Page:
If his brother, who was finally going by Dimebag at this point, was to be my generation’s Eddie Van Halen, then Vinnie was to be my generation’s Alex. Both were brothers, both played together for so long that they could read each other’s minds with ease. They both understood each other. But on the downside, Alex, amazing as he was, was clearly destined to be overshadowed by his game changing brother. Vinnie would be no different. Dime’s playing and his SOUND were a MASSIVE game changer at this time, and rightfully so. But every guitarist, bassist, or even singer are only as good as their drummer. Eddie would’ve been just some asshole who taps had it not been for Alex. Dime would’ve probably just been a guy with a scooped sound and a whammy bar had it not been for Vinnie.
Take for example “13 Steps To Nowhere” off 1996’s The Great Southern Trendkill. This unmistakably is THE darkest, most intense album in Pantera’s entire discography – and my personal favorite! It’s a headbanger for sure, very Sabbath inspired with just enough technicality to justify it as old school to the core. It sounds like Vinnie here perfected the trigger sound on his bass drums, and found just the right EQ setting for his low tuned toms, as they cascade from high to low before Phil’s fucked up verses. Right in the middle, the Sabbath moment takes over as the song breaks down beautifully, allowing Vinnie’s drums to breathe. You hear every nuance, every reverberation, every BOOM. It’s pure destruction. It’s so sexy.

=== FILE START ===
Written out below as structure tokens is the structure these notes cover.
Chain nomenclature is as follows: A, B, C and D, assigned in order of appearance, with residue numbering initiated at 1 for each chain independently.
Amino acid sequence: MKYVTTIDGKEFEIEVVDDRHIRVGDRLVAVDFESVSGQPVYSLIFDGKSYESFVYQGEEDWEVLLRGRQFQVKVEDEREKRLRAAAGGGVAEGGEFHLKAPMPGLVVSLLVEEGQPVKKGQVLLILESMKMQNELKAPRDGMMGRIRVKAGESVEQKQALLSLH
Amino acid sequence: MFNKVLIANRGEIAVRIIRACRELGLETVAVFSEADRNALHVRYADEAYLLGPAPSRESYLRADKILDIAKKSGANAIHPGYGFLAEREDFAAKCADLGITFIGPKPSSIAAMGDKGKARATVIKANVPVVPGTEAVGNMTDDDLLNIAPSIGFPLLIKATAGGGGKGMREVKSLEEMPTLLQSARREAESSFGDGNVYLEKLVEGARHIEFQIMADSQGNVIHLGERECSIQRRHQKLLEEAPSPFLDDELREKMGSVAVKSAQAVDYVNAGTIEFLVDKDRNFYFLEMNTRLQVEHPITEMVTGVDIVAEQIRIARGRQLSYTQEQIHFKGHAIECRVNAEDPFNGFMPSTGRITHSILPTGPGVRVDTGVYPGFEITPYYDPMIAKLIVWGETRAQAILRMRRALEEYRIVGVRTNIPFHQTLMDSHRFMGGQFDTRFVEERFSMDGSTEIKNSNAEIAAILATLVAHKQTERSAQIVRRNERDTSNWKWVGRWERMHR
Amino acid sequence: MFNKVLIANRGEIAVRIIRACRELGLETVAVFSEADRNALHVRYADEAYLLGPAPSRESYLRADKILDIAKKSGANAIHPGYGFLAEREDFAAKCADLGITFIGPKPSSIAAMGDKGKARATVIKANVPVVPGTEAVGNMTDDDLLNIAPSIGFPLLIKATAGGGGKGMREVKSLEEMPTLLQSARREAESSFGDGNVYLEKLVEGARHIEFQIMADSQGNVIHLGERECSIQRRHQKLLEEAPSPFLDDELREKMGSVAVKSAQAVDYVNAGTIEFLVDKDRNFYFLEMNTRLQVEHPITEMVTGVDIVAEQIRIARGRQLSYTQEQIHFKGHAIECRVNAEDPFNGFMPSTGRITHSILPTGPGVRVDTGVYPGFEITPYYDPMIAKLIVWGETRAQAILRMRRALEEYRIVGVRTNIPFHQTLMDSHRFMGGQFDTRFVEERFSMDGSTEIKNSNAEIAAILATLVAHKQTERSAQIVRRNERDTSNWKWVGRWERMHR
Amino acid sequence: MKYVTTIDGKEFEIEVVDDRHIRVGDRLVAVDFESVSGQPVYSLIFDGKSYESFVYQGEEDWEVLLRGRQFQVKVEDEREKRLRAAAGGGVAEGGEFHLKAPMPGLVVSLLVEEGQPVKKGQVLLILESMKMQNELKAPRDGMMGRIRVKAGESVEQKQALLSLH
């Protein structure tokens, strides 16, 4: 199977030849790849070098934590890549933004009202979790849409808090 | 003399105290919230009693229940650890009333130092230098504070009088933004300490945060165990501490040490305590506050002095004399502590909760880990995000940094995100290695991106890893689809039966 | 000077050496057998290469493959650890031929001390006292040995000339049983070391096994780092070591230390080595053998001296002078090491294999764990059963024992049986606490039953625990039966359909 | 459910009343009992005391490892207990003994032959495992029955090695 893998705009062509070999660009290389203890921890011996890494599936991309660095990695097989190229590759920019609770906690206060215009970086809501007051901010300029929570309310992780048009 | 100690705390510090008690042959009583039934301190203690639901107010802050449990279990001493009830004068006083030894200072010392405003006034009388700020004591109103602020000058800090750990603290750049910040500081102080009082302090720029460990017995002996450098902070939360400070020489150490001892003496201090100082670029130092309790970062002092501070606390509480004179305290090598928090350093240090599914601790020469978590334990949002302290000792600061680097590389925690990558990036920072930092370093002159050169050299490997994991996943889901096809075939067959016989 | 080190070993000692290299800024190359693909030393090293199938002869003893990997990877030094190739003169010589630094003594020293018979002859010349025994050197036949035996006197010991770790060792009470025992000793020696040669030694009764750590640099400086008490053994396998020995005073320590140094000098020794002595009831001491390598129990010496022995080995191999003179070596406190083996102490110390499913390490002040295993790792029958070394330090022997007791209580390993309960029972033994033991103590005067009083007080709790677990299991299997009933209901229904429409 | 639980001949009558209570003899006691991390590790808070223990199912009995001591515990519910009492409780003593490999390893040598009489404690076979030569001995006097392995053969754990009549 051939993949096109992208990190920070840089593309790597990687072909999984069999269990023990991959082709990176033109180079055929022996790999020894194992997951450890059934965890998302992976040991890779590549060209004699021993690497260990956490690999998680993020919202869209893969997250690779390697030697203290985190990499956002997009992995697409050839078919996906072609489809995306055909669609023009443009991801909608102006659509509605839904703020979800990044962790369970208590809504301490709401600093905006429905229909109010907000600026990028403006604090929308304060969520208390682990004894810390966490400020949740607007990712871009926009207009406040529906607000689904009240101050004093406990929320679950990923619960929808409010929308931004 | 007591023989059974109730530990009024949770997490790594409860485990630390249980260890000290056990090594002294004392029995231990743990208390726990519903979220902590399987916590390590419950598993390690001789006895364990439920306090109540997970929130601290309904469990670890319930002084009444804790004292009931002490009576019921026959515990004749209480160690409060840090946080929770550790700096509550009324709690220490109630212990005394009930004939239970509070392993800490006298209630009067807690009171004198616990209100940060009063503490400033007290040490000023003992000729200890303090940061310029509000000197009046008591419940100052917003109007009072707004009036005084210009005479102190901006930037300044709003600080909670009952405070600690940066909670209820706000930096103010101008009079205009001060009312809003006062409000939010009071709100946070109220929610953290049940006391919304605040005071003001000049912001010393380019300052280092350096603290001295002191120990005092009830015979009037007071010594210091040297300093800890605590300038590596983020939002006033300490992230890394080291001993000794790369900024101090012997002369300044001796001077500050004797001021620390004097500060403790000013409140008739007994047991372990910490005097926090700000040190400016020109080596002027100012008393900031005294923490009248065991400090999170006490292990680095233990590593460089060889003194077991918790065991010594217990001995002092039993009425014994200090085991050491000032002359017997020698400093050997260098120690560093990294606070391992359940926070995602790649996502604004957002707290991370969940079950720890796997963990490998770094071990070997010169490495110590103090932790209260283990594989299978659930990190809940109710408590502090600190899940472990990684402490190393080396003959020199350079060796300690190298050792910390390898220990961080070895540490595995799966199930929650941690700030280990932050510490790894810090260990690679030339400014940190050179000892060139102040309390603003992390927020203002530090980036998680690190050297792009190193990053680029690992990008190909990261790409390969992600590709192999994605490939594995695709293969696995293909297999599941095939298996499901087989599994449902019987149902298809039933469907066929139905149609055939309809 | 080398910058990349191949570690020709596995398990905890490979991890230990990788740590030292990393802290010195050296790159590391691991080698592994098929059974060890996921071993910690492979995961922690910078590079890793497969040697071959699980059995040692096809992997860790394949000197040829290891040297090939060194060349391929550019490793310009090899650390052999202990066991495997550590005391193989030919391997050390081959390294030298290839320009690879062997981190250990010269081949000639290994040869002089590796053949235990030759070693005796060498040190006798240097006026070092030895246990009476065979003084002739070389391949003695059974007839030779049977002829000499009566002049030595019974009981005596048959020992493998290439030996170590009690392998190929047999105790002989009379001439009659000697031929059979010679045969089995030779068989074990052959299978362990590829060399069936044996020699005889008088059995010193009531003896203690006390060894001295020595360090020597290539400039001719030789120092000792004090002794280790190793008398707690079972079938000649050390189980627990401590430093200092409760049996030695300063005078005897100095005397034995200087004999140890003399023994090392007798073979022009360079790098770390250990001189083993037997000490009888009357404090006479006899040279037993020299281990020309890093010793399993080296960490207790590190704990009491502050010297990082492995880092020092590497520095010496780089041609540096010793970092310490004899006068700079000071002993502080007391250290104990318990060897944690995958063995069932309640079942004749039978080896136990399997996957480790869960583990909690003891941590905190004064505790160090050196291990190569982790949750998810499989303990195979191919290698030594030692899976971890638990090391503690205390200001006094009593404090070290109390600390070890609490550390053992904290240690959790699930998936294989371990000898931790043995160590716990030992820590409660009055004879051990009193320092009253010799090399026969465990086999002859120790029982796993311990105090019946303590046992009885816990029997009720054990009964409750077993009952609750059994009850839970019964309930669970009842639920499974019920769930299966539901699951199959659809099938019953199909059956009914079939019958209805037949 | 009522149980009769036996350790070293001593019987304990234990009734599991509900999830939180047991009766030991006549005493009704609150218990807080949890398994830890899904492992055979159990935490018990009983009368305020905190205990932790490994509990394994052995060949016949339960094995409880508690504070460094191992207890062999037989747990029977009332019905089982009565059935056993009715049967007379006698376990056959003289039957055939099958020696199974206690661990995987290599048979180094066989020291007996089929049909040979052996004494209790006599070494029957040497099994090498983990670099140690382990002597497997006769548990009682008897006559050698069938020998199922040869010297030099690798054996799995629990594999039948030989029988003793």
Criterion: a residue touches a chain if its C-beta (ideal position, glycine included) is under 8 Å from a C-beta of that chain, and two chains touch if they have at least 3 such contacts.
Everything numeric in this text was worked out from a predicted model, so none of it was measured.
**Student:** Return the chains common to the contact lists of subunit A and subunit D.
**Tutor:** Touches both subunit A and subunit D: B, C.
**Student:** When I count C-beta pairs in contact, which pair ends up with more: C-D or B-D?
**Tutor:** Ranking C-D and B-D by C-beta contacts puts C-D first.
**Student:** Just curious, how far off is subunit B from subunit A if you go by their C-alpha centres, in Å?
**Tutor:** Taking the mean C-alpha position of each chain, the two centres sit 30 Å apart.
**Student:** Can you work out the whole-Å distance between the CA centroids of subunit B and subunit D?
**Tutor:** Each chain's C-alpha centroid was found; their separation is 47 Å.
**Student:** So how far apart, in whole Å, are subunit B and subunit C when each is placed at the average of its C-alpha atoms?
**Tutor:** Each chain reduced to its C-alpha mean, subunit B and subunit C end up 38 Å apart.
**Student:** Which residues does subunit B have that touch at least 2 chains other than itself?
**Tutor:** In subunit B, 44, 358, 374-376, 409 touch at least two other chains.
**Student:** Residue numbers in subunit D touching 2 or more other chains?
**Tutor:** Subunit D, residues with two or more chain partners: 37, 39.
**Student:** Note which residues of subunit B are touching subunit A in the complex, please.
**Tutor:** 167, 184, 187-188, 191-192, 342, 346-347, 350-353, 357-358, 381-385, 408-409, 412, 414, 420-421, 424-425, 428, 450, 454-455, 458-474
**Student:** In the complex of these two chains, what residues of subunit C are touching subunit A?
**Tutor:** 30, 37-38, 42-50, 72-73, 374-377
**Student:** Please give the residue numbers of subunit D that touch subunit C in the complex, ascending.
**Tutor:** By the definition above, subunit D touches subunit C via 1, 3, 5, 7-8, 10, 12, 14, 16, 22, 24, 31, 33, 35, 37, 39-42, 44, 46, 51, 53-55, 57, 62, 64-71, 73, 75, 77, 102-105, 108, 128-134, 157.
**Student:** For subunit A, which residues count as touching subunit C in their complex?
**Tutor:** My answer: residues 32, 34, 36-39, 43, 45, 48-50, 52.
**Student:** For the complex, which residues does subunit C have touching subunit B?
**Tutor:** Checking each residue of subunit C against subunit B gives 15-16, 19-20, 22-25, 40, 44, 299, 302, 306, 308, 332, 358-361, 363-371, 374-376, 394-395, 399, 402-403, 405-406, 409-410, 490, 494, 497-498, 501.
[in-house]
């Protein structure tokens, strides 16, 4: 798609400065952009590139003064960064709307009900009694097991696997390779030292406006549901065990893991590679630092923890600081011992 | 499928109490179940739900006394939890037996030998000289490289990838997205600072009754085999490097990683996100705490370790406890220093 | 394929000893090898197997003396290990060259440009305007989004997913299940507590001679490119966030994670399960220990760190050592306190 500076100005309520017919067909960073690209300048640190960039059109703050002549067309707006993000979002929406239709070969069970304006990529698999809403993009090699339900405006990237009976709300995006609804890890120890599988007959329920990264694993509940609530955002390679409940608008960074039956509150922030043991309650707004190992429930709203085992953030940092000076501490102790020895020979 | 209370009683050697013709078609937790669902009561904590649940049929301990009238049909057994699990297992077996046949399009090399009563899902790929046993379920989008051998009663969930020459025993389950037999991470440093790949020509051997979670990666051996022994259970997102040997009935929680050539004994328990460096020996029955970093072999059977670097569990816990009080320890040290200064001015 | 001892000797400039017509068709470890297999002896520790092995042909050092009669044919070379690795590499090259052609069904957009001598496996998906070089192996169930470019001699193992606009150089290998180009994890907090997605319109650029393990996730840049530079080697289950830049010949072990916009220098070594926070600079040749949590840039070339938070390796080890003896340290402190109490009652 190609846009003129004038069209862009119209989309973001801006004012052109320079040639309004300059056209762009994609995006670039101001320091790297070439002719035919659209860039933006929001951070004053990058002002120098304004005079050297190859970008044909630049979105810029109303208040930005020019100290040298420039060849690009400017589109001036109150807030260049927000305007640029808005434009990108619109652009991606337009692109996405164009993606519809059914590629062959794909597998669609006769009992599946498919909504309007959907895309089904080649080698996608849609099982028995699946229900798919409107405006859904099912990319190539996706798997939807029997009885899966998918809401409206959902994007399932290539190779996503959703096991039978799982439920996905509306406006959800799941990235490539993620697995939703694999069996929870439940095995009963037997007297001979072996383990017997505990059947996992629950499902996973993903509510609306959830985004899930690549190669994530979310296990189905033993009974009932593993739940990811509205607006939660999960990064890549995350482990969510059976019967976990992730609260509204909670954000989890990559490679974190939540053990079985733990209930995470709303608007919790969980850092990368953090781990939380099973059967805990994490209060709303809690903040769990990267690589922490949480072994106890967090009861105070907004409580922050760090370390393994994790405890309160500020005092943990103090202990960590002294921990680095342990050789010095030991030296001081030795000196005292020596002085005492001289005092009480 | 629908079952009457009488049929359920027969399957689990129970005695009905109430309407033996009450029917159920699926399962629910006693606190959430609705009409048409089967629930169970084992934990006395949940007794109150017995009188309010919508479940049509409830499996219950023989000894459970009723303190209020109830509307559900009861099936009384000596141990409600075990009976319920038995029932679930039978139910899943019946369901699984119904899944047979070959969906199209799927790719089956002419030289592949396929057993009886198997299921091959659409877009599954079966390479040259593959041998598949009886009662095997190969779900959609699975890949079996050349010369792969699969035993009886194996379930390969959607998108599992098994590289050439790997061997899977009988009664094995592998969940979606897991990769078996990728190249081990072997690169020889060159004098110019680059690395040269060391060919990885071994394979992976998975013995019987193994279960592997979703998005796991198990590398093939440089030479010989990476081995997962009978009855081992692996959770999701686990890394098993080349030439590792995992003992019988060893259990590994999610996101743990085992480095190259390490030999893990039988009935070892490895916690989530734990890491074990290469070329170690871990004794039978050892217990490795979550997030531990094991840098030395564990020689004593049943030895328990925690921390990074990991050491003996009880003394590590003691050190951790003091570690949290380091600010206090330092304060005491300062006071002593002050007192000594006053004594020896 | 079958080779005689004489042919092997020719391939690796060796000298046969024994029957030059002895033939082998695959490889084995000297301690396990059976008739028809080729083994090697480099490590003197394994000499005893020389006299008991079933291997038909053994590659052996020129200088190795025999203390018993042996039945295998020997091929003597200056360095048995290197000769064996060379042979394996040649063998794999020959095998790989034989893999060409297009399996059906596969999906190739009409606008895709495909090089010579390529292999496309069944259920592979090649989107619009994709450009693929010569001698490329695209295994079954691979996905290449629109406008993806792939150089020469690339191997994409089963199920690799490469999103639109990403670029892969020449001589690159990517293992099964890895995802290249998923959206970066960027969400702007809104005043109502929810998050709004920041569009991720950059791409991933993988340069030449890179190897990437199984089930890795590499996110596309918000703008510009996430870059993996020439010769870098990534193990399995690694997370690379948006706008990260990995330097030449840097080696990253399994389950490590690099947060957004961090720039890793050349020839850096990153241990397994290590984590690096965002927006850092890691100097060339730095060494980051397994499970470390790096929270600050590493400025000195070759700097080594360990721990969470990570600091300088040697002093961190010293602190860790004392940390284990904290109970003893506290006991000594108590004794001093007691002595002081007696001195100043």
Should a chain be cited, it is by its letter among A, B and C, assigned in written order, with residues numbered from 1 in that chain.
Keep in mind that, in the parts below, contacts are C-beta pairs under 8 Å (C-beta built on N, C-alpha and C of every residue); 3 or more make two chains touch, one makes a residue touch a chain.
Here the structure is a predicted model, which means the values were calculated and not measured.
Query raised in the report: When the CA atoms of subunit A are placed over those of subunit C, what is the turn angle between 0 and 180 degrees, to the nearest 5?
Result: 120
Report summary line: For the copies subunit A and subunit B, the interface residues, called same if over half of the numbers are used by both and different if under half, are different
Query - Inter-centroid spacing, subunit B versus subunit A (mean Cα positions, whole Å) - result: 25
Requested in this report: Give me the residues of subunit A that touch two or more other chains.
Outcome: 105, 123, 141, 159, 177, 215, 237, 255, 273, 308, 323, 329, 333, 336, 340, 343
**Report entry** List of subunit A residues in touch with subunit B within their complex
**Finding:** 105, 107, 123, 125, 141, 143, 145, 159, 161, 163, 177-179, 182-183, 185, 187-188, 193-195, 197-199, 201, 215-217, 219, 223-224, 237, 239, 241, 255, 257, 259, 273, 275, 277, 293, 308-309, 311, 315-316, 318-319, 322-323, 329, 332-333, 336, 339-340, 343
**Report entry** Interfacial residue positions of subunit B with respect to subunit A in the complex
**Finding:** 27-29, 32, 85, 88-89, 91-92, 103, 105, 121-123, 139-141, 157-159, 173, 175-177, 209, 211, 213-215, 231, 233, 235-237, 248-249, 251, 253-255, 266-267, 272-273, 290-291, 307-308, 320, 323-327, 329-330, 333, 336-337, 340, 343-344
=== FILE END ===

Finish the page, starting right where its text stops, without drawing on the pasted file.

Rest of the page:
Then a problem arose in the music world. In the four years between the release of ‘Trendkill and their final album, 2000’s Reinventing The Steel. Starting with KoRn, actually going back to ’94, several “Nu” bands came along and tried to focus strictly on groove. The guitarists all had a scooped sound, they all tuned down lower than even Dime thanks to the revival of seven string guitars; the drummers were playing nothing but snycopations, especially shit bands like Disturbed; and the singers all wore green shorts like Phil and were all just angry without a cause (well to be fair Jonathan Davis was apparently molested as a kid). Unfortunately, Pantera were to get the blame for this, as most of these fuckers freely cited Vulgar as a major influence.